3. then, to access shared stuff from the other computer, go to Network (in Computer or Windows Explorer), doubleclick the name of the Windows 7 computer, and when it asks for username and password, just type in 'guest' for the username (or if that doesn't work, try YourWindows7ComputerName\guest), but leave the password blank, tick the box below if you want to save having to re-enter details during the same session, then hit OK.
      4. BIG RED WARNING - note that this is not very secure as it adds a "guest" account onto the Windows 7 computer which anyone can use to access that computer without a password, including accessing attached external hard drives. So, either rename the guest account or (better yet) secure the guest account, which may be a bit involved, or just create a special account on the Windows 7 computer as per 2.2. below, which may be easier.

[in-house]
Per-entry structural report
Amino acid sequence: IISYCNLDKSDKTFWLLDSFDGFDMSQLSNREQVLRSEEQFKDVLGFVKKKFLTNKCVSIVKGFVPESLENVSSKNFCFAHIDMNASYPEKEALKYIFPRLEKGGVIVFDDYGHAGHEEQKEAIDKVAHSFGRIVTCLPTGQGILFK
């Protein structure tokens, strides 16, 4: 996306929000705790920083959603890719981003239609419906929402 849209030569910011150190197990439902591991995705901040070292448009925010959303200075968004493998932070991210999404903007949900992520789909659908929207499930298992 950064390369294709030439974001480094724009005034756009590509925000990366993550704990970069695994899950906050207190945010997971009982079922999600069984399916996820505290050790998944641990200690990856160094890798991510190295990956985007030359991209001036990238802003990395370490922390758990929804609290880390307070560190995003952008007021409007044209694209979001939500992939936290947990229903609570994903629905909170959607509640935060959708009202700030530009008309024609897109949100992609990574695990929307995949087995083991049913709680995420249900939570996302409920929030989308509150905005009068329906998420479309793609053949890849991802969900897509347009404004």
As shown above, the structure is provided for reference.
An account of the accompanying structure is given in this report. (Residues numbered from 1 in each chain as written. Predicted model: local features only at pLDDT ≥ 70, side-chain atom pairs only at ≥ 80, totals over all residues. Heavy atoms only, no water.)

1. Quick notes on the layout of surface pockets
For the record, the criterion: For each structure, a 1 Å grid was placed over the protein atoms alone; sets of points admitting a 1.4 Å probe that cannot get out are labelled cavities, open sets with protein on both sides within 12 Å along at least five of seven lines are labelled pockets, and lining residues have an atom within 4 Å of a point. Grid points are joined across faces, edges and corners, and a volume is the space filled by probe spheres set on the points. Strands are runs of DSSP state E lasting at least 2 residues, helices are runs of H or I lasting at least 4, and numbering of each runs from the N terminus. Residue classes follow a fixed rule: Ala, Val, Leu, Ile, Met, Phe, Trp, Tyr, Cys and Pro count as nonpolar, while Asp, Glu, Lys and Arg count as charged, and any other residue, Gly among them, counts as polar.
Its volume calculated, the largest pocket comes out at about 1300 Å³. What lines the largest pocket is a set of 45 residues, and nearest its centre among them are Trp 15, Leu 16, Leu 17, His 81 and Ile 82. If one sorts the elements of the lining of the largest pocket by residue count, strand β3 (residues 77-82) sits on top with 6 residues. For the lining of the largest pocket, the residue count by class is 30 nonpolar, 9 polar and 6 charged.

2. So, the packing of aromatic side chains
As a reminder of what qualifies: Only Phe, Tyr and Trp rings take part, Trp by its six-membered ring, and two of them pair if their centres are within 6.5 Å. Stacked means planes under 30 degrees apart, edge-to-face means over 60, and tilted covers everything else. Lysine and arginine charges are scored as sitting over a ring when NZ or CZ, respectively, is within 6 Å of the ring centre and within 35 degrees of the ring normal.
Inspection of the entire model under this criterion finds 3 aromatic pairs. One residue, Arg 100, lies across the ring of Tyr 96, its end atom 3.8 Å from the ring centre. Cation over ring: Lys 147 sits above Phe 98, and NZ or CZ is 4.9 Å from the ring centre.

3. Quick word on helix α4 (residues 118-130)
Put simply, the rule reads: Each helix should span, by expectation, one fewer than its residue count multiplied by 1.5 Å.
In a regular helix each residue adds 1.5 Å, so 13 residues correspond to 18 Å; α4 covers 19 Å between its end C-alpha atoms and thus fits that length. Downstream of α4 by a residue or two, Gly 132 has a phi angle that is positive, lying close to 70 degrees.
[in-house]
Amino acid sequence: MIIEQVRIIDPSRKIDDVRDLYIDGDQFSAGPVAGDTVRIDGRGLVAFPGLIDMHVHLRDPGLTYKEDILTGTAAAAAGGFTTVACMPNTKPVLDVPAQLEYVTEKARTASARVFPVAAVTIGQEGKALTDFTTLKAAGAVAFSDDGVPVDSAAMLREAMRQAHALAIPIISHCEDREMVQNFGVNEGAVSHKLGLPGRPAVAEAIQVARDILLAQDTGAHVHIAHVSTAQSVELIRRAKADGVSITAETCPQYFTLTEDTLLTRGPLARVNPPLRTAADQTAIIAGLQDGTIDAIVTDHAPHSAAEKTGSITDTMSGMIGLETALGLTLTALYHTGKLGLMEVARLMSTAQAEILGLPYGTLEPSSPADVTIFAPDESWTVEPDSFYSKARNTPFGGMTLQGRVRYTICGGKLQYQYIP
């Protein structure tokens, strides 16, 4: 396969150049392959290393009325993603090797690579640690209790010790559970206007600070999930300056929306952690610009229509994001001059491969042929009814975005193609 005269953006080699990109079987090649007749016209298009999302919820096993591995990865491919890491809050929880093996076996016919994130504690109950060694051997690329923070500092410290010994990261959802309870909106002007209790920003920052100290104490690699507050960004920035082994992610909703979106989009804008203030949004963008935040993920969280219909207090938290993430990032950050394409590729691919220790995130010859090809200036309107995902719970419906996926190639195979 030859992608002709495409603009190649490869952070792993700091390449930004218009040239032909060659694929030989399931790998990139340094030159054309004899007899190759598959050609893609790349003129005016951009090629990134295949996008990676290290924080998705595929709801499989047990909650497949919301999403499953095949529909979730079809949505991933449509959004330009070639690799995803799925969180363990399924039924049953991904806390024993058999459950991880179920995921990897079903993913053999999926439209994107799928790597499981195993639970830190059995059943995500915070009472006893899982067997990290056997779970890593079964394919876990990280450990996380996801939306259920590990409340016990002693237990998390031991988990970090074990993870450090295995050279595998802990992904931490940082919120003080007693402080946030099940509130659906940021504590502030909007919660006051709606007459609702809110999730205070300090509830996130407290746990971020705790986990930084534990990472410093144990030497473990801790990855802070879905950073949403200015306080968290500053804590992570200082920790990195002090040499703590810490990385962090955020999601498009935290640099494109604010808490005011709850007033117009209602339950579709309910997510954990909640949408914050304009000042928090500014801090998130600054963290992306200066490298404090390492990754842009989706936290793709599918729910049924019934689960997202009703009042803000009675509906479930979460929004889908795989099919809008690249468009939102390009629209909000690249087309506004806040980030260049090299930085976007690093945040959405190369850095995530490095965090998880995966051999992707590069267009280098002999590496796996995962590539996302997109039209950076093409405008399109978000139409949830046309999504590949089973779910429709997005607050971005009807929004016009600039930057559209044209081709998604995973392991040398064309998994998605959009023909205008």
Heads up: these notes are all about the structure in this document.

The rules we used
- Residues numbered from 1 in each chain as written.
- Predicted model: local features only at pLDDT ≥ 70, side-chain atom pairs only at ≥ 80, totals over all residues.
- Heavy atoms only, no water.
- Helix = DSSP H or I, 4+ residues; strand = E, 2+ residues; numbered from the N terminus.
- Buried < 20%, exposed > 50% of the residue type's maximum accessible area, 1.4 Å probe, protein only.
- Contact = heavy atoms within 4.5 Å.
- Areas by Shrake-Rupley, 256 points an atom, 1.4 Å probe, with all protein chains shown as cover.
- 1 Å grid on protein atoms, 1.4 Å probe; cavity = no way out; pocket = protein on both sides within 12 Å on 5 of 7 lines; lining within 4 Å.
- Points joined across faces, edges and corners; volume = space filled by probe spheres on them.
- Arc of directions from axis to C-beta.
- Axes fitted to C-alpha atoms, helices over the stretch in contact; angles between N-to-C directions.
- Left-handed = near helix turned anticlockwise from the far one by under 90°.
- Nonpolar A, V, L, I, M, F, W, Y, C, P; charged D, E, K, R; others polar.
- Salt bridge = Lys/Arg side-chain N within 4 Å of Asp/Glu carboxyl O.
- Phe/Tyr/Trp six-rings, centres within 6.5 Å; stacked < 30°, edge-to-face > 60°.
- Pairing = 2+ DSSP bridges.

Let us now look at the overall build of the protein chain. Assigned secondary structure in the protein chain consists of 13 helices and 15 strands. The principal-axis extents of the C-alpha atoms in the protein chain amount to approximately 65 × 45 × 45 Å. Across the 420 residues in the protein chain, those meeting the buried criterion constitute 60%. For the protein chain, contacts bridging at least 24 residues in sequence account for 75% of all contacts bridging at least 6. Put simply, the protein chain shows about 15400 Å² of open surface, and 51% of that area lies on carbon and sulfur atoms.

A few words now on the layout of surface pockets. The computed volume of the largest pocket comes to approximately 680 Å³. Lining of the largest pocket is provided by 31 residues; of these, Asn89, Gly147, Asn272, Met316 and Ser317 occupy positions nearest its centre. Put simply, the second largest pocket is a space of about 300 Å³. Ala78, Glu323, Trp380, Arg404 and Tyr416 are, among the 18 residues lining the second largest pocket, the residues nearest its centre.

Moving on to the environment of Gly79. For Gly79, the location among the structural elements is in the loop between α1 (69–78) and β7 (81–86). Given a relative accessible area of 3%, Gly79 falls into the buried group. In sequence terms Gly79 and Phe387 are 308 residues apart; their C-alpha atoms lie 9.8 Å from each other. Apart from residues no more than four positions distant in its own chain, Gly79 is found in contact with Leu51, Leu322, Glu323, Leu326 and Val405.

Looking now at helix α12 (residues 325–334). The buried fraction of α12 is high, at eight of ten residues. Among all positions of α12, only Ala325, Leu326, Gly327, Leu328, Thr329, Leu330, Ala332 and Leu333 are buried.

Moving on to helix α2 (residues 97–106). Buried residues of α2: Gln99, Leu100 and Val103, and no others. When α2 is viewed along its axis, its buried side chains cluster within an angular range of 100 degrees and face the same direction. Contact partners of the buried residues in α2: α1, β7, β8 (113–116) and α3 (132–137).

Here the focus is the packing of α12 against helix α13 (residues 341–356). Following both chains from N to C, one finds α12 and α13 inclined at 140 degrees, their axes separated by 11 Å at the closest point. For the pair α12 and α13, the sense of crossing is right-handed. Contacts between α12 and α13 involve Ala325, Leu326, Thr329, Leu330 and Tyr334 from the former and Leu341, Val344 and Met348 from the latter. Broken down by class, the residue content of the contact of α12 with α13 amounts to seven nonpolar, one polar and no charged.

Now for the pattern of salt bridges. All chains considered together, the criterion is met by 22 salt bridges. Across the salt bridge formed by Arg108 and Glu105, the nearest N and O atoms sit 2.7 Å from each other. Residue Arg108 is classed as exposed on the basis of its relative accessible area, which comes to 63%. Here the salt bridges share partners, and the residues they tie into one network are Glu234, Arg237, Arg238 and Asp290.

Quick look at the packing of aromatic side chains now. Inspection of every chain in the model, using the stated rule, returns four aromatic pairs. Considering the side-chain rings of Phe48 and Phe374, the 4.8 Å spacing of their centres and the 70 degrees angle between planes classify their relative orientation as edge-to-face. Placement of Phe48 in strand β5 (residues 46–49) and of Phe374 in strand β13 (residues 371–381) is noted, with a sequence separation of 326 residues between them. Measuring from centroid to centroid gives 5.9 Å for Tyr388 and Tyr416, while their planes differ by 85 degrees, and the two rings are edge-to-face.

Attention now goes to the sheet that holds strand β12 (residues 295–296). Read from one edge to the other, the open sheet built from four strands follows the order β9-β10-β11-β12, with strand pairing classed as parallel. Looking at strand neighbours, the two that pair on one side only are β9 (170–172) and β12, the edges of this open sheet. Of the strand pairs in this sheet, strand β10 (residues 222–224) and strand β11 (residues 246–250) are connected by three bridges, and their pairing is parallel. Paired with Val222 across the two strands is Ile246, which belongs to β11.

2. OR, alternatively, and this better for security:
      1. create another account on the Windows 7 computer with username/password, just for networked file and printer sharing
      2. on the other computer, again in Computer or Windows Explorer go to Network and doubleclick the name of the Windows 7 Computer; when the login prompt pops up, enter the username and password you created.
        1. note: the box to tick to remember your credentials shouldn't be there for Vista Home versions, because even if if you tick it, it won't remember your user/password (cached credentials) for network shares, beyond the session. Next time you reboot or restart the Vista computer, you'll just have to enter them all over again if you want to access stuff shared from your Windows 7 computer.